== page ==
The workers at the industrial factory in “Modern Times” have surrendered to what Marcuse calls pure servitude. Humans are in pure servitude if they exist as an instrument; they do not exist as a person, but instead a thing (Marcuse 33). In the movie, this existence is demonstrated in many ways. The most apparent example is when the feeding machine is tested out on the Little Tramp. The manager decides to use him as a testing subject, and even when the contraption is clearly malfunctioning and hurting the Little Tramp, the boss is only concerned with the practicality of it. In this situation, the Little Tramp is treated as an object, not a human being. In addition, the Little Tramp is considered to be disposable by employers throughout the entire movie. He can easily be thrown out to the street if he does not do his job extremely well. The dispensable quality of workers is another way in which the characters in “Modern Times” are not treated how a human deserves to be treated.

Together, Marcuse and “Modern Times” show us that the machine has become the absolute unit of production, as well as the lives of the people living in industrial society. Every character in the movie is controlled by technology, and their lives are affected. This power that the machine now has over the lives of the people is evident in “Modern Times” in both positive and negative ways. Marcuse suggests that this absolute control is a cycle that will continue to happen, unless we break it. “Modern Times” demonstrates in many ways that this is indeed what we want to do.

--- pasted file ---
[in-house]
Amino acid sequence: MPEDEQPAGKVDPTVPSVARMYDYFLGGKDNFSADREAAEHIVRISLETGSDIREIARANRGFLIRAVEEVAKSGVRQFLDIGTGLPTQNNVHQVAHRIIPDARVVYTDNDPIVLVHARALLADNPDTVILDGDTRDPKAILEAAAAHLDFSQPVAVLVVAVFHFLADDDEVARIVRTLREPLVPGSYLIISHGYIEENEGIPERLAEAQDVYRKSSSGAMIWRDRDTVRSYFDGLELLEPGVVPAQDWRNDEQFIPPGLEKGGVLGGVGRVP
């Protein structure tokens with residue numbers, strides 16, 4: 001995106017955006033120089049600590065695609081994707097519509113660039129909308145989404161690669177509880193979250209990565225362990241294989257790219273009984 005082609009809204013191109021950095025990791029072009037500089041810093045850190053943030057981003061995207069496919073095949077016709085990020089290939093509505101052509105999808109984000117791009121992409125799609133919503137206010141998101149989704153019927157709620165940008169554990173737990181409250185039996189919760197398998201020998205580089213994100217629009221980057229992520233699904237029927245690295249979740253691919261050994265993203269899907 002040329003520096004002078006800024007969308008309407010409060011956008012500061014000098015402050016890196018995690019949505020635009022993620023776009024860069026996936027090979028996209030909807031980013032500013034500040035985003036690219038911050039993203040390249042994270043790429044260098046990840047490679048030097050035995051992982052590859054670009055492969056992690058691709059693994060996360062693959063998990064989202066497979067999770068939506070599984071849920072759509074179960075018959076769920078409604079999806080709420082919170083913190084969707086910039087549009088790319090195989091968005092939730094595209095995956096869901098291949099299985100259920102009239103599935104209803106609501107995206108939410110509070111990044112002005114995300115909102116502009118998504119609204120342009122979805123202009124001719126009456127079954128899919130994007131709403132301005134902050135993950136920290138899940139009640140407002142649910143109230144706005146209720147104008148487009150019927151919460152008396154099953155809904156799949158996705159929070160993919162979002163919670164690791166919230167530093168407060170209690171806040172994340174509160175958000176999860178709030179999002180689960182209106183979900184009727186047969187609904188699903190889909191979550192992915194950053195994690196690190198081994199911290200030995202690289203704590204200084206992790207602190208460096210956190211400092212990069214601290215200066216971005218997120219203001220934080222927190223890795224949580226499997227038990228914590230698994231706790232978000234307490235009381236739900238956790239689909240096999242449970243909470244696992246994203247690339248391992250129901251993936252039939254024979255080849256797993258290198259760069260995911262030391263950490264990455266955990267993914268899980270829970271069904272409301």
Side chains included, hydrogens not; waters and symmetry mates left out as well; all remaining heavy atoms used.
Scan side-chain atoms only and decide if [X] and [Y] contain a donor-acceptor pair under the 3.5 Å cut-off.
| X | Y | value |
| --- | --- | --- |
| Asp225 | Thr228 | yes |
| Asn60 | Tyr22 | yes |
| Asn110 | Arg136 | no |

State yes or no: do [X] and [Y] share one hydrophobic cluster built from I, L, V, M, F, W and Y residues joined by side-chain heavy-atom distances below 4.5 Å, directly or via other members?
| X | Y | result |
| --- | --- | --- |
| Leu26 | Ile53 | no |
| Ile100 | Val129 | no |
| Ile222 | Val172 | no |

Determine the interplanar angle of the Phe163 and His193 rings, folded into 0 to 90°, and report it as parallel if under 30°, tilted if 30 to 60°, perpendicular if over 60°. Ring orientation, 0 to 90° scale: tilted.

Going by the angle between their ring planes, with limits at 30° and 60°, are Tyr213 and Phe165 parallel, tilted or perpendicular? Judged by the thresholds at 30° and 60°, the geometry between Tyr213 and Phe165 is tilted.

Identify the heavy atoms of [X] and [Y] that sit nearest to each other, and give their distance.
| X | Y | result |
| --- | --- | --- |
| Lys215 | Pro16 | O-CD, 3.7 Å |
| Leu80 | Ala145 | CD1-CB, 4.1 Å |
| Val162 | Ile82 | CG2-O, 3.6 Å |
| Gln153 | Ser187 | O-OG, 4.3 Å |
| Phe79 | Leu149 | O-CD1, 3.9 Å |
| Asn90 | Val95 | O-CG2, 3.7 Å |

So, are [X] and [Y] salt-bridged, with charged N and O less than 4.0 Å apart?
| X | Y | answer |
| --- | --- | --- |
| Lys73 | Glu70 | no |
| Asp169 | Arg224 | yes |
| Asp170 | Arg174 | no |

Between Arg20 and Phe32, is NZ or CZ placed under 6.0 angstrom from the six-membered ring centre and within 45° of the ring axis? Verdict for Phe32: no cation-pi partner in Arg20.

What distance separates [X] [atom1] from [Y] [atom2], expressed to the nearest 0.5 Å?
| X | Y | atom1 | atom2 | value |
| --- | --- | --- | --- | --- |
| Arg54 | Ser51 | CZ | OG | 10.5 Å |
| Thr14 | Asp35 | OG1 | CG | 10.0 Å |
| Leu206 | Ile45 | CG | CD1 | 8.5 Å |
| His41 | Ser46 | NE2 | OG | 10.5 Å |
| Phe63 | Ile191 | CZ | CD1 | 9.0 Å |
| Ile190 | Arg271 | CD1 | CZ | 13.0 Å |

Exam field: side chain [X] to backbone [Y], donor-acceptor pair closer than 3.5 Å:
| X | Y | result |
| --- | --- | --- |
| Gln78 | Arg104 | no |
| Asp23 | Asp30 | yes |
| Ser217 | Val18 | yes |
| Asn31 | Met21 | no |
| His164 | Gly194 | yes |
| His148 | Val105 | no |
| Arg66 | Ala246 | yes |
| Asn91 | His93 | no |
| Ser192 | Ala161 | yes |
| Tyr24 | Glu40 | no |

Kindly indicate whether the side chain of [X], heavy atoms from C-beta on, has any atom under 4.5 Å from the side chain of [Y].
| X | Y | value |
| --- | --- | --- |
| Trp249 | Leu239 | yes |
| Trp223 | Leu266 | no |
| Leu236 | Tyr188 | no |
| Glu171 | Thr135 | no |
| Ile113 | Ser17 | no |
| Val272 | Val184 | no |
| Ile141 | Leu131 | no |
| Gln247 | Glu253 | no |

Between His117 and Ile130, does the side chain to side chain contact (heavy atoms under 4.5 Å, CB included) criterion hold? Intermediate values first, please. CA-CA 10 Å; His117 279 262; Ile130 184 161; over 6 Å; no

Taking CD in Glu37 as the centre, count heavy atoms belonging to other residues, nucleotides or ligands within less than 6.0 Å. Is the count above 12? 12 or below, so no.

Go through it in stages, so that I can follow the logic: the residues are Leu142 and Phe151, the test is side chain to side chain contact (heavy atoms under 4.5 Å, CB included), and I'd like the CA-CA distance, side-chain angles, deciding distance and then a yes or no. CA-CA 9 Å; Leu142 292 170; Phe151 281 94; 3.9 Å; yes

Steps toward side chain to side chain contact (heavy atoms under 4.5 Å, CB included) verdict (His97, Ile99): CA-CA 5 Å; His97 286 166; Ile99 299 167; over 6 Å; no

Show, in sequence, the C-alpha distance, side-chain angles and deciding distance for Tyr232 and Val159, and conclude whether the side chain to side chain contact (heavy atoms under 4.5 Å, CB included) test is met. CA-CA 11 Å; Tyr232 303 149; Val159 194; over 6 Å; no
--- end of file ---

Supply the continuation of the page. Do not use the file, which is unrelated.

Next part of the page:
1 comment:

Adam said...

Your first several paragraphs show a good understanding of Marcuse and especially of Modern Times. They are reasonably but not completely focused - there is a clear focus here without there actually being a terribly clear *argument*. My favorite line is this: "The technology in the plant has become the absolute unit, controlling everything inside." It's a simple observation, but one that unifies Marcsuse and Chaplin (as a reader, I'm very curious about whether you have a particular point of view at this point...).

Good observations about the rhythm of the assembly line. Note that Chaplin *does* sexualize it. I guess you didn't want to go there in detail, which is fine, but looking over the details of his dance with the wrench and the oil can makes this point. There is room here for an extended analysis.

The end is much like the beginning; you continue to make good connections between Marcuse and Chaplin, but what is your ultimate goal or agenda? Does this analysis mean that you are basically defending Marcuse's analysis of our society, or perhaps of Chaplin's politics? Or do you have something to say as a prospective industrial engineer?

Your first paragraph directly states that this is material which is of immediate interest to you - but you don't really do anything with that. How can you read your profession through Marcuse/Chaplin - or, if you prefer, how can you develop or challenge *their* work through your training as an engineer? That's the most obvious way for a revision of this material to achieve its potential - right now this work is good but rather narrow.